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Ciprofloxacin and Hydrocortisone


(sip roe FLOKS a sin & hye droe KOR ti sone)

Index Terms

  • Ciprofloxacin Hydrochloride and Hydrocortisone
  • Hydrocortisone and Ciprofloxacin

Dosage Forms

Excipient information presented when available (limited, particularly for generics); consult specific product labeling.

Suspension, otic:

Cipro® HC: Ciprofloxacin hydrochloride 0.2% and hydrocortisone 1% (10 mL) [contains benzyl alcohol]

Brand Names: U.S.

  • Cipro® HC

Pharmacologic Category

  • Antibiotic, Otic
  • Antibiotic/Corticosteroid, Otic
  • Corticosteroid, Otic

Use: Labeled Indications

Treatment of acute otitis externa, sometimes known as “swimmer's ear”


Viral infections of the external canal, including varicella and herpes simplex infections; perforated tympanic membrane; hypersensitivity to hydrocortisone, ciprofloxacin, or any member of the quinolone class of antimicrobial agents.

Dosing: Adult

Otitis externa: Otic: The recommended dosage for all patients is three drops of the suspension in the affected ear twice daily for 7 days; twice-daily dosing schedule is more convenient for patients than that of existing treatments with hydrocortisone, which are typically administered 3 or 4 times a day; a twice-daily dosage schedule may be especially helpful for parents and caregivers of young children

Dosing: Geriatric

Refer to adult dosing.

Dosing: Pediatric

Children ≥1 year: Refer to adult dosing.

Dosing: Renal Impairment

No dosage adjustment provided in manufacturer’s labeling.

Dosing: Hepatic Impairment

No dosage adjustment provided in manufacturer’s labeling.


Store below 25°C (77°F); avoid freezing. Protect from light.

Drug Interactions

There are no known significant interactions.

Test Interactions

See individual agents.

Adverse Reactions

1% to 10%: Central nervous system: Headache (1%)

<1% (Limited to important or life-threatening): Alopecia, fungal dermatitis, hypersensitivity reaction, migraine, paresthesia


Concerns related to adverse effects:

• Hypersensitivity: Severe and occasionally fatal hypersensitivity reactions, including anaphylaxis, have occurred with systemic fluoroquinolone therapy. Prompt discontinuation of drug should occur if skin rash or other symptoms of hypersensitivity arise.

• Infection: Prolonged use may result in fungal or bacterial superinfection, including C. difficile-associated diarrhea (CDAD) and pseudomembranous colitis; CDAD has been observed >2 months postantibiotic treatment. If superinfection occurs, discontinue use and institute appropriate therapy.

• Tendon inflammation/rupture: There have been reports of tendon inflammation and/or rupture with systemic fluoroquinolones. Exposure following otic administration is substantially lower than with systemic therapy. Discontinue at first sign of tendon inflammation or pain.

Dosage form specific issues:

• Benzyl alcohol and derivatives: Some dosage forms may contain benzyl alcohol; large amounts of benzyl alcohol (≥99 mg/kg/day) have been associated with a potentially fatal toxicity (“gasping syndrome”) in neonates; the “gasping syndrome” consists of metabolic acidosis, respiratory distress, gasping respirations, CNS dysfunction (including convulsions, intracranial hemorrhage), hypotension and cardiovascular collapse (AAP ["Inactive" 1997]; CDC, 1982); some data suggests that benzoate displaces bilirubin from protein binding sites (Ahlfors, 2001); avoid or use dosage forms containing benzyl alcohol with caution in neonates. See manufacturer’s labeling.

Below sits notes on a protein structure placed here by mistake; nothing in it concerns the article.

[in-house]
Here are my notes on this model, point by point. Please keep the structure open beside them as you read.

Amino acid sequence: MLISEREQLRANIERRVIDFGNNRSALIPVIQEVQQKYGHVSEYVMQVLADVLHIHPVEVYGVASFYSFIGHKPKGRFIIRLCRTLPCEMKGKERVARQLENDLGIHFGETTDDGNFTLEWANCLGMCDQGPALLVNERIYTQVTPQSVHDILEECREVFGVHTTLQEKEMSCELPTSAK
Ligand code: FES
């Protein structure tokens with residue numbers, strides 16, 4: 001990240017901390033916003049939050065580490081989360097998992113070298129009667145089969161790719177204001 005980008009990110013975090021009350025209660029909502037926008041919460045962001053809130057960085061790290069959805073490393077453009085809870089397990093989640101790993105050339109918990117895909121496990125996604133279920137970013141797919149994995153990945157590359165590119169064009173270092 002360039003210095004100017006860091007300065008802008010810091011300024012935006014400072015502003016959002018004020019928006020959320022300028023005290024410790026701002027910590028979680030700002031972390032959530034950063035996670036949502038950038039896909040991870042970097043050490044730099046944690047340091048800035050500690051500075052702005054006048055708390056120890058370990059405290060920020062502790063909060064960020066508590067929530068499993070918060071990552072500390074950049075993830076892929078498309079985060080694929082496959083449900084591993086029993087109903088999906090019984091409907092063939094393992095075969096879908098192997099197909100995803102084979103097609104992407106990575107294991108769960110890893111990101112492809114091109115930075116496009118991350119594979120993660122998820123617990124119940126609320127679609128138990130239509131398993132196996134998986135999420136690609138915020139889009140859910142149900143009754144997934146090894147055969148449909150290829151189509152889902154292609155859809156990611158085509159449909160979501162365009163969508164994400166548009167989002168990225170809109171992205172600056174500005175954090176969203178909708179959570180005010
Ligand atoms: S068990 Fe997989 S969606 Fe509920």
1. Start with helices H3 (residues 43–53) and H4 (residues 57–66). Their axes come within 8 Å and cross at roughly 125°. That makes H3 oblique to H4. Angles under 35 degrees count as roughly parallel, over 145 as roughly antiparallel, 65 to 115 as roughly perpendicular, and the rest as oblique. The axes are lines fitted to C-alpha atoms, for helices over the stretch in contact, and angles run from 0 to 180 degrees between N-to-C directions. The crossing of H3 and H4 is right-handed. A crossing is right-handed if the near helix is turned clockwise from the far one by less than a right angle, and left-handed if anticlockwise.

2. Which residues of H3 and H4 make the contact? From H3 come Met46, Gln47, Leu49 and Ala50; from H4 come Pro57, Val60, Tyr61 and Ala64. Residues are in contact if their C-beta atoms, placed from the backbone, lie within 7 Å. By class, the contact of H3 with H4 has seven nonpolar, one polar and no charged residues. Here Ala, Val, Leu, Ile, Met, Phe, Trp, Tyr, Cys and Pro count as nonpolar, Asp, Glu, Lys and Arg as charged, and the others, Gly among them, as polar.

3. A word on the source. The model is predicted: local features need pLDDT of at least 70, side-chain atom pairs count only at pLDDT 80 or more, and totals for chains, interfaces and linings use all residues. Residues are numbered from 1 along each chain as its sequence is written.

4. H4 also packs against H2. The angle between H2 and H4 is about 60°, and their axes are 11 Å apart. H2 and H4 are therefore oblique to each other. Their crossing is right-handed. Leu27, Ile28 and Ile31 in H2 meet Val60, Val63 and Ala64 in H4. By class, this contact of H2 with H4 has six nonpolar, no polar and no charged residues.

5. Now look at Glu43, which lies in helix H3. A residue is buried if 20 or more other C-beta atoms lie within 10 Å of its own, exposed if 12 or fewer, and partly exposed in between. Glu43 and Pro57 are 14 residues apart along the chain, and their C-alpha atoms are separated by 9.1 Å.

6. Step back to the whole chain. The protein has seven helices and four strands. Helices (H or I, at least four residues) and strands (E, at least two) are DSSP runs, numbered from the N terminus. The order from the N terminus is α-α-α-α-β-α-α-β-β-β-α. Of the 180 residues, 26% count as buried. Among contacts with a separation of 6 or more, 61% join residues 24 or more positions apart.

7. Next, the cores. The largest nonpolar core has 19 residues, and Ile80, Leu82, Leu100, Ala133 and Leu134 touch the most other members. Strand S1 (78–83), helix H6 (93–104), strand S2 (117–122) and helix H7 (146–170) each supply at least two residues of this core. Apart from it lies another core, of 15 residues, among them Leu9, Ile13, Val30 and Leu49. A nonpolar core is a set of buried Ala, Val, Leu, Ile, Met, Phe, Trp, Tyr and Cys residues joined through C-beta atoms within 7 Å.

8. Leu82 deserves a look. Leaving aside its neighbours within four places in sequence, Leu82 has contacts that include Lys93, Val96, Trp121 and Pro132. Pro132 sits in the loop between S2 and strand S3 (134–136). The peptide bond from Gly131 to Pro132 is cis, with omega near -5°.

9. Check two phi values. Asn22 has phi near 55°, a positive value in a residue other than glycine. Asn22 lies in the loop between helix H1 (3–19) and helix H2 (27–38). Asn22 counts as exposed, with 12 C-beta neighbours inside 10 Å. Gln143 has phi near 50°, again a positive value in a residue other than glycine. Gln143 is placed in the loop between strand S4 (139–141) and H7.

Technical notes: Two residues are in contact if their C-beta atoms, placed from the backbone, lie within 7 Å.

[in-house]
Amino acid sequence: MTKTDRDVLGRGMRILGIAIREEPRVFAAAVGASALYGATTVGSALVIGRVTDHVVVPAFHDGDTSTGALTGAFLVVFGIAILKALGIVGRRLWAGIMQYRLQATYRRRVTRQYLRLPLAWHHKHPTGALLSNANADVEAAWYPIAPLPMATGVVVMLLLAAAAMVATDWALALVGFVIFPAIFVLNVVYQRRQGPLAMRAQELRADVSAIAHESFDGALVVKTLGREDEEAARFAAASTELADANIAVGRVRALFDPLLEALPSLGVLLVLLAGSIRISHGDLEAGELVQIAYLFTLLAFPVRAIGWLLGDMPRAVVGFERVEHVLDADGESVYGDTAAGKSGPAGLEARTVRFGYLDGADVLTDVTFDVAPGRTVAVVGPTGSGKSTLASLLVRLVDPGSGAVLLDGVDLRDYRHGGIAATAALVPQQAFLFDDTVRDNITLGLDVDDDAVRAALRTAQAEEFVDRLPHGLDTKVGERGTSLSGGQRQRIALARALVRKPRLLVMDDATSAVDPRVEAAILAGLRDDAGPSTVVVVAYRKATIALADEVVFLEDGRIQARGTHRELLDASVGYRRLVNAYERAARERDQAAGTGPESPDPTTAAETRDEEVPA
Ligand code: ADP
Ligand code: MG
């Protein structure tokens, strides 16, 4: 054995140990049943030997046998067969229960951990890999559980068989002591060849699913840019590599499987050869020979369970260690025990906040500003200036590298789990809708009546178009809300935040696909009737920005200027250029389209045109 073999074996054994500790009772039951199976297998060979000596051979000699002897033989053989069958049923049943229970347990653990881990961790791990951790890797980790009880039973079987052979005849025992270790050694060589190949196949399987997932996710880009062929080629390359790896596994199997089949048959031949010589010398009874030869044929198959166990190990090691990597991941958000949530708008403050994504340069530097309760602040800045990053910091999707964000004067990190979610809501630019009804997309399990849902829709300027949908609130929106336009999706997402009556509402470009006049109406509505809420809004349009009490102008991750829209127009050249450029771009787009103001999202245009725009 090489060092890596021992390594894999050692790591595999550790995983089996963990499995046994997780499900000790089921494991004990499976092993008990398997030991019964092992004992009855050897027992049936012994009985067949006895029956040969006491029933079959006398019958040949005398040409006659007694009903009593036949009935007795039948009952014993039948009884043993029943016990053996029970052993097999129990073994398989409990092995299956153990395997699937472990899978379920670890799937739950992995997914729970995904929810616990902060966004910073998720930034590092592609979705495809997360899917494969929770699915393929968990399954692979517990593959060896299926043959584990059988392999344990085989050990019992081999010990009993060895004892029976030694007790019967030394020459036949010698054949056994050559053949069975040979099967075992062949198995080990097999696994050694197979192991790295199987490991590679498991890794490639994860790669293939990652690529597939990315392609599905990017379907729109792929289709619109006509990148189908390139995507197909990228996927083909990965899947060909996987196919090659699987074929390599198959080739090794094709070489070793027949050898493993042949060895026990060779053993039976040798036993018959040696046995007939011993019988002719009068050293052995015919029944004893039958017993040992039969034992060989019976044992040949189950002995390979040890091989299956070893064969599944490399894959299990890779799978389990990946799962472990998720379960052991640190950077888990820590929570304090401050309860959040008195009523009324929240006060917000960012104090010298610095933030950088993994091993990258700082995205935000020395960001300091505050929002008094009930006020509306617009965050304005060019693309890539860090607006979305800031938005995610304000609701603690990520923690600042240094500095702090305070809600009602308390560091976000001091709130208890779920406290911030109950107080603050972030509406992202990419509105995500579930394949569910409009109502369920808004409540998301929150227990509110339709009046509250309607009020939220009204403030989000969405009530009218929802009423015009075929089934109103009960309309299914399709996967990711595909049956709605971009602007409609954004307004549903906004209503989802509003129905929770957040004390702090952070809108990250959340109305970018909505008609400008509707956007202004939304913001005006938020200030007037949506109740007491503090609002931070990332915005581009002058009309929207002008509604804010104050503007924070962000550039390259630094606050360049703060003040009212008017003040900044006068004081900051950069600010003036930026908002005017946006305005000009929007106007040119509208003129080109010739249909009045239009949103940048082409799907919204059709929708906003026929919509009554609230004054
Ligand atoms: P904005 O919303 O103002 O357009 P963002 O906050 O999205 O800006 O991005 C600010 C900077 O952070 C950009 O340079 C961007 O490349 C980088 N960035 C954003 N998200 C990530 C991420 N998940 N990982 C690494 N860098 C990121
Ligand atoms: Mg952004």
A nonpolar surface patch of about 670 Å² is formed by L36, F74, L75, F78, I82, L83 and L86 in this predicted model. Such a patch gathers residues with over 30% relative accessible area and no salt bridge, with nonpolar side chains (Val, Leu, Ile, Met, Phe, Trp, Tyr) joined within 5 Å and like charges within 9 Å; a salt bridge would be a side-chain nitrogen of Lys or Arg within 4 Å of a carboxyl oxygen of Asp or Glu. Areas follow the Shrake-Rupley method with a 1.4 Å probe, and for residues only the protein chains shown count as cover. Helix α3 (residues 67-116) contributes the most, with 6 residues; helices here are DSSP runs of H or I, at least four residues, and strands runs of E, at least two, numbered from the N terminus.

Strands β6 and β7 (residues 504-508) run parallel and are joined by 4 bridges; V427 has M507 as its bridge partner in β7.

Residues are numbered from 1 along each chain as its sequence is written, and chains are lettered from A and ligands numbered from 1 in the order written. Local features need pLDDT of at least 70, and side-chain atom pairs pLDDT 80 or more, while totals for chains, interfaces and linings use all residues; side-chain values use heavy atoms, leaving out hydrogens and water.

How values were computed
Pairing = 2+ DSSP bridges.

Other warnings/precautions:

• Appropriate use: For otic use only; not intended for injection or ophthalmic use. Prior to instillation, suspension should be warmed in hands to prevent dizziness which may occur following use of a cold solution.

Pregnancy Risk Factor


Pregnancy Considerations

Animal reproduction studies have not been conducted with this combination.

Patient Education

• Discuss specific use of drug and side effects with patient as it relates to treatment. (HCAHPS: During this hospital stay, were you given any medicine that you had not taken before? Before giving you any new medicine, how often did hospital staff tell you what the medicine was for? How often did hospital staff describe possible side effects in a way you could understand?)

• Have patient report immediately to prescriber severe ear irritation (HCAHPS).

• Educate patient about signs of a significant reaction (eg, wheezing; chest tightness; fever; itching; bad cough; blue skin color; seizures; or swelling of face, lips, tongue, or throat). Note: This is not a comprehensive list of all side effects. Patient should consult prescriber for additional questions.

Intended Use and Disclaimer: Should not be printed and given to patients. This information is intended to serve as a concise initial reference for healthcare professionals to use when discussing medications with a patient. You must ultimately rely on your own discretion, experience and judgment in diagnosing, treating and advising patients.